"Naturally occurring retirement communities" are communities that are not designed specifically for an older population but still have a majority of older residents. They may attract older adults for various reasons, including their location; services and amenities of interest; nearness to health care, shopping and other services; affordability; and ease of upkeep. Some are simply communities of mostly older adults where long-time residents have "aged in place." These often are not included in lists of elderly housing, since they are not formal retirement living arrangements.
Public housing provides federally-supported housing units operated by local public housing authorities. Families or individuals pay 30 percent of their incomes in rent. Units may or may not have age restrictions.
The U.S. Department of Housing and Urban Development oversees public housing. They offer an Information and Resource Center staffed to answer questions/inquiries from the public. They can be reached at 1-800-955-2232.
Section 8 Vouchers are a rental assistance program of the U.S. Department of Housing and Urban Development (HUD). These vouchers enable low-income people to rent a dwelling of their choice if it meets certain standards set by HUD. They are provided to eligible individuals through the local public housing authority and HUD pays a portion of the rent based on the tenant's income. Vouchers are available to adults of all ages. In many communities, there are waiting lists for vouchers.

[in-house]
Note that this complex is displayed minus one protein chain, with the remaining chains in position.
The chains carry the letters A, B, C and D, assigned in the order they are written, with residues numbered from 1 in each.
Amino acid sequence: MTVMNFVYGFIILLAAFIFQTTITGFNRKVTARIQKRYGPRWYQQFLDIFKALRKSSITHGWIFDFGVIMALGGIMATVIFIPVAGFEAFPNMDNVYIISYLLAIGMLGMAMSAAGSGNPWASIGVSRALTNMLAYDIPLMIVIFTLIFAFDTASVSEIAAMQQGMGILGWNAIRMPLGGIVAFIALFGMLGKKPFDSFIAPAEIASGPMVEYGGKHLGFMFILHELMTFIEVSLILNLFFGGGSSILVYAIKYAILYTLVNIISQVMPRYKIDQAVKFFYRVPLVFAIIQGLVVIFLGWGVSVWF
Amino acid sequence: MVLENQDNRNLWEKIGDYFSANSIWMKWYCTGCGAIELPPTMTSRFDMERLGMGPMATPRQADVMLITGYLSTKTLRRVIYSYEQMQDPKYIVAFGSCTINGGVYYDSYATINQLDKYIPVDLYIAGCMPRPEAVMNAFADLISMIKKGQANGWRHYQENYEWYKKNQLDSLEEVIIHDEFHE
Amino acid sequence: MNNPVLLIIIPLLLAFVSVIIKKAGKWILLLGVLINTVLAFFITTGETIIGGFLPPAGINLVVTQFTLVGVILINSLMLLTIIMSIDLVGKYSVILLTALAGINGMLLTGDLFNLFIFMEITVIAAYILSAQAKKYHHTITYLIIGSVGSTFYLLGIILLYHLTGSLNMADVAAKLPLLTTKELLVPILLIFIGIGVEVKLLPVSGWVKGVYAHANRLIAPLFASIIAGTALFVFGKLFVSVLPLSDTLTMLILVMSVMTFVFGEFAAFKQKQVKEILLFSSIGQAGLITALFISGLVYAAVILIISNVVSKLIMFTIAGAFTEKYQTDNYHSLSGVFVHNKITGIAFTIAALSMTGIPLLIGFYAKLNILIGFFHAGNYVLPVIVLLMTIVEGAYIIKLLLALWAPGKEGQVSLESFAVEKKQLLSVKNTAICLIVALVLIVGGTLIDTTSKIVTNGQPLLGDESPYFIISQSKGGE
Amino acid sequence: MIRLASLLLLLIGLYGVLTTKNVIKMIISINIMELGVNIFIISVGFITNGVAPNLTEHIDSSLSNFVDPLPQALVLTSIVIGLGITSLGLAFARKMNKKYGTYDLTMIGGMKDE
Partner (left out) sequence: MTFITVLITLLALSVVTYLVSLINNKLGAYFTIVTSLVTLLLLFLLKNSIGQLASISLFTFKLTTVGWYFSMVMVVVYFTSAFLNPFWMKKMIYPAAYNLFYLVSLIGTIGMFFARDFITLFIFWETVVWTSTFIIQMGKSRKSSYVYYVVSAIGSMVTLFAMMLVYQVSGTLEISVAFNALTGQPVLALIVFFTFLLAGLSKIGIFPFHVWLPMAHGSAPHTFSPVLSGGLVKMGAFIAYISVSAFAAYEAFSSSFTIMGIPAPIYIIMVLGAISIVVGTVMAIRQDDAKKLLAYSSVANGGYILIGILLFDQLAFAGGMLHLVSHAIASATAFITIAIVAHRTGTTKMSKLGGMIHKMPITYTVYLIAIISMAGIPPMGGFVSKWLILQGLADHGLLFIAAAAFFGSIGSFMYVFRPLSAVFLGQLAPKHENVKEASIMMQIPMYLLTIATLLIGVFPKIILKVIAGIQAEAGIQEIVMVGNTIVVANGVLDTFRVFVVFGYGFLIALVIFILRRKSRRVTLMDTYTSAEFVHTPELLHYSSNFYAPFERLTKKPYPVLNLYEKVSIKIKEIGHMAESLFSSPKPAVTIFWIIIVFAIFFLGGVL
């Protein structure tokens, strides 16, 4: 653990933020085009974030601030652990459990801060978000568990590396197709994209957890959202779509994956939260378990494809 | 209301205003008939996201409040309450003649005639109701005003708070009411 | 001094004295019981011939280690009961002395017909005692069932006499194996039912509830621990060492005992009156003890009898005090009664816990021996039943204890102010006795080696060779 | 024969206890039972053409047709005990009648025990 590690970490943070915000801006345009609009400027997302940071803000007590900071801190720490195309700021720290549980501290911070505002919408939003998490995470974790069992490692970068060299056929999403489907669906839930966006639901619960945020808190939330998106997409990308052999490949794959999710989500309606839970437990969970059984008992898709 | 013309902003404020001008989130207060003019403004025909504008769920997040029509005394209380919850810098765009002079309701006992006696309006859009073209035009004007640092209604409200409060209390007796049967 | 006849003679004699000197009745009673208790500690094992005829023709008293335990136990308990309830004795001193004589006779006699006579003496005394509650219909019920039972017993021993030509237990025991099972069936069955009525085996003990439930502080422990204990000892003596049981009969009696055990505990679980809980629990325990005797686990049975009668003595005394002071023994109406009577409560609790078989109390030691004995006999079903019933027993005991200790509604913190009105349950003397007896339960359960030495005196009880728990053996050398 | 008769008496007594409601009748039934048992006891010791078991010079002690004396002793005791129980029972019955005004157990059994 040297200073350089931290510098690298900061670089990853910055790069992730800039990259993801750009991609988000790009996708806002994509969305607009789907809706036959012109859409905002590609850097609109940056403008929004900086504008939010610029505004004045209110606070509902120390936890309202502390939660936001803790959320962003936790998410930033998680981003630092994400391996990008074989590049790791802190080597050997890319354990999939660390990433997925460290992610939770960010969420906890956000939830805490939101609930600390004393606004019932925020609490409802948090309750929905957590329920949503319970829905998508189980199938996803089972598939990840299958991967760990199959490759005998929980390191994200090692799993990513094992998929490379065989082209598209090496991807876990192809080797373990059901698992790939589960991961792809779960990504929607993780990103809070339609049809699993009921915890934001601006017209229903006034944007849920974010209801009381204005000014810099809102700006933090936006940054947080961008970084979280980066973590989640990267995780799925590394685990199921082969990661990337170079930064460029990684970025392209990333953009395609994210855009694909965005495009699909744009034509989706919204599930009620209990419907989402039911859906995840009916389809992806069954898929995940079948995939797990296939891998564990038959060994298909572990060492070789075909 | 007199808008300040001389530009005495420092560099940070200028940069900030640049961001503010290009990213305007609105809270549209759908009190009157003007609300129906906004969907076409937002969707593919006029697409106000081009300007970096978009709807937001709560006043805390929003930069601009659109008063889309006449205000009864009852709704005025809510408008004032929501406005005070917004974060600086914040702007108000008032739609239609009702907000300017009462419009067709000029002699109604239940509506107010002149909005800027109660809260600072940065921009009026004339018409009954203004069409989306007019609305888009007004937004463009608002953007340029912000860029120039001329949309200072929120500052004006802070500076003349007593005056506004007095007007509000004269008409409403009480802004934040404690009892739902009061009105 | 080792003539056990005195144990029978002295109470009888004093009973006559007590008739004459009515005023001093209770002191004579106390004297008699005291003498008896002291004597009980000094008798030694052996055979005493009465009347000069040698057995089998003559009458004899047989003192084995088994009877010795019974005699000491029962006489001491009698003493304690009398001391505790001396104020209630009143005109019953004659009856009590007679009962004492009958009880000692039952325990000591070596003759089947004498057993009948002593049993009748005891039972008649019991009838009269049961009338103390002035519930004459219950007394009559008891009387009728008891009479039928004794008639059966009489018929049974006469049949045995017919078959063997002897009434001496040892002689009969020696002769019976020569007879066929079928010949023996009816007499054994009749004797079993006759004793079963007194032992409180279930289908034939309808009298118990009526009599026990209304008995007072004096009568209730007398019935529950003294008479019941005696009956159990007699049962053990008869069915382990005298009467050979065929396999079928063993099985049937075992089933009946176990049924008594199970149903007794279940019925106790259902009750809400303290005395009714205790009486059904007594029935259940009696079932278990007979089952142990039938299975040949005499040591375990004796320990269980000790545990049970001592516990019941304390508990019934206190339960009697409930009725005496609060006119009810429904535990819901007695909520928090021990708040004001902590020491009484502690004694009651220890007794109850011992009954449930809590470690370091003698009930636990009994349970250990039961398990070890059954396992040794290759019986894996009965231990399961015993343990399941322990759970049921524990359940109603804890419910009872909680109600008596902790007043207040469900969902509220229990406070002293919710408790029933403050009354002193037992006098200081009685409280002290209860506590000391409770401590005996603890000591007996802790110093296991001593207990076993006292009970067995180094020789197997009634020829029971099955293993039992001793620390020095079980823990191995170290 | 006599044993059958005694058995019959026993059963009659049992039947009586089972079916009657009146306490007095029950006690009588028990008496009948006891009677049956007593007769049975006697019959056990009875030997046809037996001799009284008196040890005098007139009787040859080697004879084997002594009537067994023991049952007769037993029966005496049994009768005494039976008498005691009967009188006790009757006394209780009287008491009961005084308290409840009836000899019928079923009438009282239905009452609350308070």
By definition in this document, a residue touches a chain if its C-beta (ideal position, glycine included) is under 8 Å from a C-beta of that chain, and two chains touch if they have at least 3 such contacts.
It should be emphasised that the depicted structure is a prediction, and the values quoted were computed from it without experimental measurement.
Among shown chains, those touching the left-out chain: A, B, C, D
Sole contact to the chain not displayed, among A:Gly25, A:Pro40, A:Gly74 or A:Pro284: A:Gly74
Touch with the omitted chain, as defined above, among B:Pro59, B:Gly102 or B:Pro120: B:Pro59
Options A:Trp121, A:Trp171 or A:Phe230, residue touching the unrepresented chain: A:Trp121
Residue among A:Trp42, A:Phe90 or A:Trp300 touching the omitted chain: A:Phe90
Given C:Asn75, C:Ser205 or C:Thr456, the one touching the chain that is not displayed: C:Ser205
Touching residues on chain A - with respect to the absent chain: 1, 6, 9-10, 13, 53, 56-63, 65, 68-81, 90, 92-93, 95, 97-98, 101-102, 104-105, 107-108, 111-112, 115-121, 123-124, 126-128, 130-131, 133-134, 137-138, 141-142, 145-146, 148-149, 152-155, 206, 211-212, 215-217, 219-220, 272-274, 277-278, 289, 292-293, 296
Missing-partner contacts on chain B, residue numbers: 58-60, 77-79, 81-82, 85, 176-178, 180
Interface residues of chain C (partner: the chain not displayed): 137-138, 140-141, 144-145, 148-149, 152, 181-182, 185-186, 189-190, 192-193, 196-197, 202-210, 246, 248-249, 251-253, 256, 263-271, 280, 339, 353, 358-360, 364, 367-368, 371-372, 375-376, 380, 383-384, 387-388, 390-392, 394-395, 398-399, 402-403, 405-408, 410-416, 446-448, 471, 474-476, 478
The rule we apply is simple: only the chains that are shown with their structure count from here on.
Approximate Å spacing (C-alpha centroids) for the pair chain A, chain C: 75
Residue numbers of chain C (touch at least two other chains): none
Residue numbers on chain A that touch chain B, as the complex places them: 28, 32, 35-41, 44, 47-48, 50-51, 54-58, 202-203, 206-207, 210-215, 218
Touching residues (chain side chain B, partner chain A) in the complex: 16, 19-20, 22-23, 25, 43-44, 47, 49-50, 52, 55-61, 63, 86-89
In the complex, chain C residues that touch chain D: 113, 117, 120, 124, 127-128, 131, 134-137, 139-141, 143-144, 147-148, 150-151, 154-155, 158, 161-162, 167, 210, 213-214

Shared housing can be described as two basic types: shared group residences and home-sharing. Shared group residences are those in which none of the people living there own the dwelling, but they pay rent for private space (e.g., room and bath) and shared common areas. Usually sponsored by non-profit organizations, these residences sometimes offer such supportive services as transportation and meals through agreements with human services providers.
In home-sharing, two unrelated people live together in a shared home or apartment, each having private space yet sharing common living areas. Home-sharing may be an informal arrangement among individuals or a program through an office on aging or other service agency.
|Just a few formalized home sharing programs exist in North Carolina where people are screened and matched through an office on aging or other service organization.|
The National Shared Housing Resource Center has compiled a directory of shared housing resources nationwide that can help begin a search for shared housing in your area.